H.J. Strickler

H.J. Strickler

Hiram J. Strickler was born in Page County, Virginia in 1831 and educated at Virginia Military Institute as a surveyor and engineer. Upon graduation, he went to Kansas in February 1855 and settled on a claim near Tecumseh. His military education recommended him to the Bogus Legislators for the position of Adjutant General and he continued to hold that position when the Free-State government took over. He was on the job when Kansas was admitted to statehood in 1861. After admission, he withdrew from politics and devoted himself to scientific farming, helping to organize the State Agricultural Society. He was its first Secretary and was elected President in 1871. He married Hattie Stanton, daughter of free-state Territorial Governor Stanton in 1861, and he died in 1873. [Topeka Kansas Commonwealth August 1, 1873]

In the Legislature, Strickler pushed conventional legislation to get the State Penitentiary built in Tecumseh and opposed issuing bank charters because he feared the private banks would issue "wild cat shin plasters", i.e. devalued paper money. [Letter to Thomas N. Stinson, February 2, 1857 KSHS] He made an important contribution in his 1858 Report on Claims in the Kansas Territory. The result of more than a year of careful investigation and auditing of claims of those suffering personal and property loss in "Bleeding Kansas," Strickler's report was notably unbiased, citing claims by both pro-slavery and free-state claimants. Finding the Territorial Government had no money to pay these claims, Strickler turned to the Federal Government, whose policies and legislation he blamed for instigating political conflict in the Territory. He attached a table listing the name of each claimant, the amount claimed, the amount proven lost, and the type of loss they reported. [Report of General H.J. Strickler, Commissioner for Auditing Claims for Kansas Territory, March 7, 1858 , KSHS] Unfortunately the claims were never paid.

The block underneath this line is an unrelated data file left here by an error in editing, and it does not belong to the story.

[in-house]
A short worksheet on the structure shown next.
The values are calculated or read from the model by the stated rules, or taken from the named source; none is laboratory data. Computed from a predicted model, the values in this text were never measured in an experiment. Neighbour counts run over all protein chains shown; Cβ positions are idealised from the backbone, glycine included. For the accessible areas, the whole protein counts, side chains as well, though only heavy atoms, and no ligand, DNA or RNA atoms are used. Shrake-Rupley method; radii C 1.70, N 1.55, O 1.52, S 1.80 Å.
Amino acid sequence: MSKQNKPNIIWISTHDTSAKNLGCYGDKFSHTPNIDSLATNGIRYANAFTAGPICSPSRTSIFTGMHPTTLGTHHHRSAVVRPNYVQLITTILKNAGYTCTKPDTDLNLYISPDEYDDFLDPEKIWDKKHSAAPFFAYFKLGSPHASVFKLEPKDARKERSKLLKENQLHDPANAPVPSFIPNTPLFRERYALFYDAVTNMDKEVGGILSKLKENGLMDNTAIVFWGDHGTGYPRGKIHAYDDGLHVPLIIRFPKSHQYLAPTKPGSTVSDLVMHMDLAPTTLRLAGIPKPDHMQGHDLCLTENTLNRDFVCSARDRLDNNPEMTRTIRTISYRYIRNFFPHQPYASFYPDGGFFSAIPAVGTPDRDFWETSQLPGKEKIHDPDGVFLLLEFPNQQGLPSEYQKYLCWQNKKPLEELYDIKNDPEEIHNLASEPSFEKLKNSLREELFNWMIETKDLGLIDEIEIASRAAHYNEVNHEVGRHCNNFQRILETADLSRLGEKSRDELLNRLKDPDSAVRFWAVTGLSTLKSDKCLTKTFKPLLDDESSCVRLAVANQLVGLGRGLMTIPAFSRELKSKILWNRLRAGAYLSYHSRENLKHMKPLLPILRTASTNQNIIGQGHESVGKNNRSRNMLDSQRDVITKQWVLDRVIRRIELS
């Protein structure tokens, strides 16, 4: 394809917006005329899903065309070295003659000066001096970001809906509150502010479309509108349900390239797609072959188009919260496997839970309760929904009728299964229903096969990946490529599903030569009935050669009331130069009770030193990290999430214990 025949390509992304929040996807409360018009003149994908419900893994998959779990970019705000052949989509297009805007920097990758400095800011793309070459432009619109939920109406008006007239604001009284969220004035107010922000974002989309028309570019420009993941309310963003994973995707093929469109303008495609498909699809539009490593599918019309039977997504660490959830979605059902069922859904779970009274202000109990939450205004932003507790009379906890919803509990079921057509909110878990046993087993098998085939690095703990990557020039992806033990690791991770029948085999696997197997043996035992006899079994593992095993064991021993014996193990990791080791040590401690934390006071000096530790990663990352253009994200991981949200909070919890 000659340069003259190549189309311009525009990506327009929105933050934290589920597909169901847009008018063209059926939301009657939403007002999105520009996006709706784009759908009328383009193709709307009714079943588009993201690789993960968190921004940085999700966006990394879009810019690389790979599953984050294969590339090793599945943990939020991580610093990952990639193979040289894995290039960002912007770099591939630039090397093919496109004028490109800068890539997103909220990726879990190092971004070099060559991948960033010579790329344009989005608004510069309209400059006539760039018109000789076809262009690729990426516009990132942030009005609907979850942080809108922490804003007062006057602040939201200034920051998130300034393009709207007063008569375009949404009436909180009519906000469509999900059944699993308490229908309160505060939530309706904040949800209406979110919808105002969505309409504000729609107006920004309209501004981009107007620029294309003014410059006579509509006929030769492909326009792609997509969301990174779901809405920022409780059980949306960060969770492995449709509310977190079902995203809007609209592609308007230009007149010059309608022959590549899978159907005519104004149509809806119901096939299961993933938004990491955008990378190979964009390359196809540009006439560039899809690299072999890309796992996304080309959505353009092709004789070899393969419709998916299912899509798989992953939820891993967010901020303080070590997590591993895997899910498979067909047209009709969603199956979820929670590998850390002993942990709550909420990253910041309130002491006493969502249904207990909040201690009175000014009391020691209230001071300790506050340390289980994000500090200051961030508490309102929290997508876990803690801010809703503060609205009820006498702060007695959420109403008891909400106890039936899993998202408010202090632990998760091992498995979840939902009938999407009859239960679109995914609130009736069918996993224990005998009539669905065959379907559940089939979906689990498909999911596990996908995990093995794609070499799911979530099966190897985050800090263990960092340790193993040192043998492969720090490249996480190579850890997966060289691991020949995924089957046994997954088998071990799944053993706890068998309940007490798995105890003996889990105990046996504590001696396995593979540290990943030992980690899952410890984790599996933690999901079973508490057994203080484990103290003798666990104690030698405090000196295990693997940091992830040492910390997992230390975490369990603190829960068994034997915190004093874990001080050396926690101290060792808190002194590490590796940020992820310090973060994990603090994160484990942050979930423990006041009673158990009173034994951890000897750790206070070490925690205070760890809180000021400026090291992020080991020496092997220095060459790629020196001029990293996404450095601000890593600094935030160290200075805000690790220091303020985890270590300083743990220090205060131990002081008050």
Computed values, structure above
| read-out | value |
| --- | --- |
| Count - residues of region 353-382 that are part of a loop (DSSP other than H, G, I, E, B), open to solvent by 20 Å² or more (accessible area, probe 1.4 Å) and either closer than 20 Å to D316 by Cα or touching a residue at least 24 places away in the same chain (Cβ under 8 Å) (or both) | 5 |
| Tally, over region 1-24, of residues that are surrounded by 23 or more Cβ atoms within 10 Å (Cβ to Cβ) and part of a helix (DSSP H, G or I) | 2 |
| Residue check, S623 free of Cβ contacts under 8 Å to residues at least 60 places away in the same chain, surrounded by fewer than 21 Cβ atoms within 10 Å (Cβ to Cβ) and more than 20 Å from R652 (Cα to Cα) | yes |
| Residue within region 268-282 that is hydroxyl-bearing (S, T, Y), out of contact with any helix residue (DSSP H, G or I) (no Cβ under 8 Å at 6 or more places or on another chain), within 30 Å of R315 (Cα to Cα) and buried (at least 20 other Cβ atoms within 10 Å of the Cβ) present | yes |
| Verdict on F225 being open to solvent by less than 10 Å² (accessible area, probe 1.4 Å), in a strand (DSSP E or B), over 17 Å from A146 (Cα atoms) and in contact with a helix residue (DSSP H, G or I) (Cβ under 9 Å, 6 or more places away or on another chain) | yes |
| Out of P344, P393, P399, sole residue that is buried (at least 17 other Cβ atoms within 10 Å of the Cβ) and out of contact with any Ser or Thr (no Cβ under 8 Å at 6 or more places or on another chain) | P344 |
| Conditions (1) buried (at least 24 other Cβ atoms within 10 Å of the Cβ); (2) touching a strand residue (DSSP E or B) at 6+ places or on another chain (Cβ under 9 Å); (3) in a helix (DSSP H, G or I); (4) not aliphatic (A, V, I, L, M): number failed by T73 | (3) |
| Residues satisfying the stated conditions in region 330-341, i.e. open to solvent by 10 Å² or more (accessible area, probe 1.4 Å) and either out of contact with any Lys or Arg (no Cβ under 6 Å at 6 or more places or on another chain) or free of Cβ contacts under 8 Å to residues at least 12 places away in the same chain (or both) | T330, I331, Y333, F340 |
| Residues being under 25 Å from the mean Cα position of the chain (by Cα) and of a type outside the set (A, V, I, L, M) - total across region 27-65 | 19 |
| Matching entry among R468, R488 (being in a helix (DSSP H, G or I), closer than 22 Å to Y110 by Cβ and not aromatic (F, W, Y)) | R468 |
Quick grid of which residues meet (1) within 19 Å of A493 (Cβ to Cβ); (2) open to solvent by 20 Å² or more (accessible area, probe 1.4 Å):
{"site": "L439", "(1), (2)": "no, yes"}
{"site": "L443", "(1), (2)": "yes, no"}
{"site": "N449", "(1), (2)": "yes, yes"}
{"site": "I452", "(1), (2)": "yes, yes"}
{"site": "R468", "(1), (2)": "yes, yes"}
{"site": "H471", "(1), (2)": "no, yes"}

As Adjutant General, his Kansas Militia duty was administration and not combat, but it is clear his sentiments lay with the pro-slavery side. In a letter to his friend Thomas Stinson, he described the Battle of Osawatomie in August 1856:

"On Saturday there was a battle fought at Ossawattamie Genl Reed commanding three hundred men marched against Capt Brown of Ossawattamie Routed him in twenty minutes Killed twenty (old Brown) took six prisoners Destroyed the town and took forty horses Loss on our side none, four of our men have been wounded -- there was a fight at Prairie City -- two of the abolitionists killed our loss -- none -- The southern Division Coffey commanding will eat Breakfast in Laurence Wednesday morning, our force here six hundred -- your friend H J Strickler" [Letter to Stinson, September 2, 1856, KSHS]

Charles Clark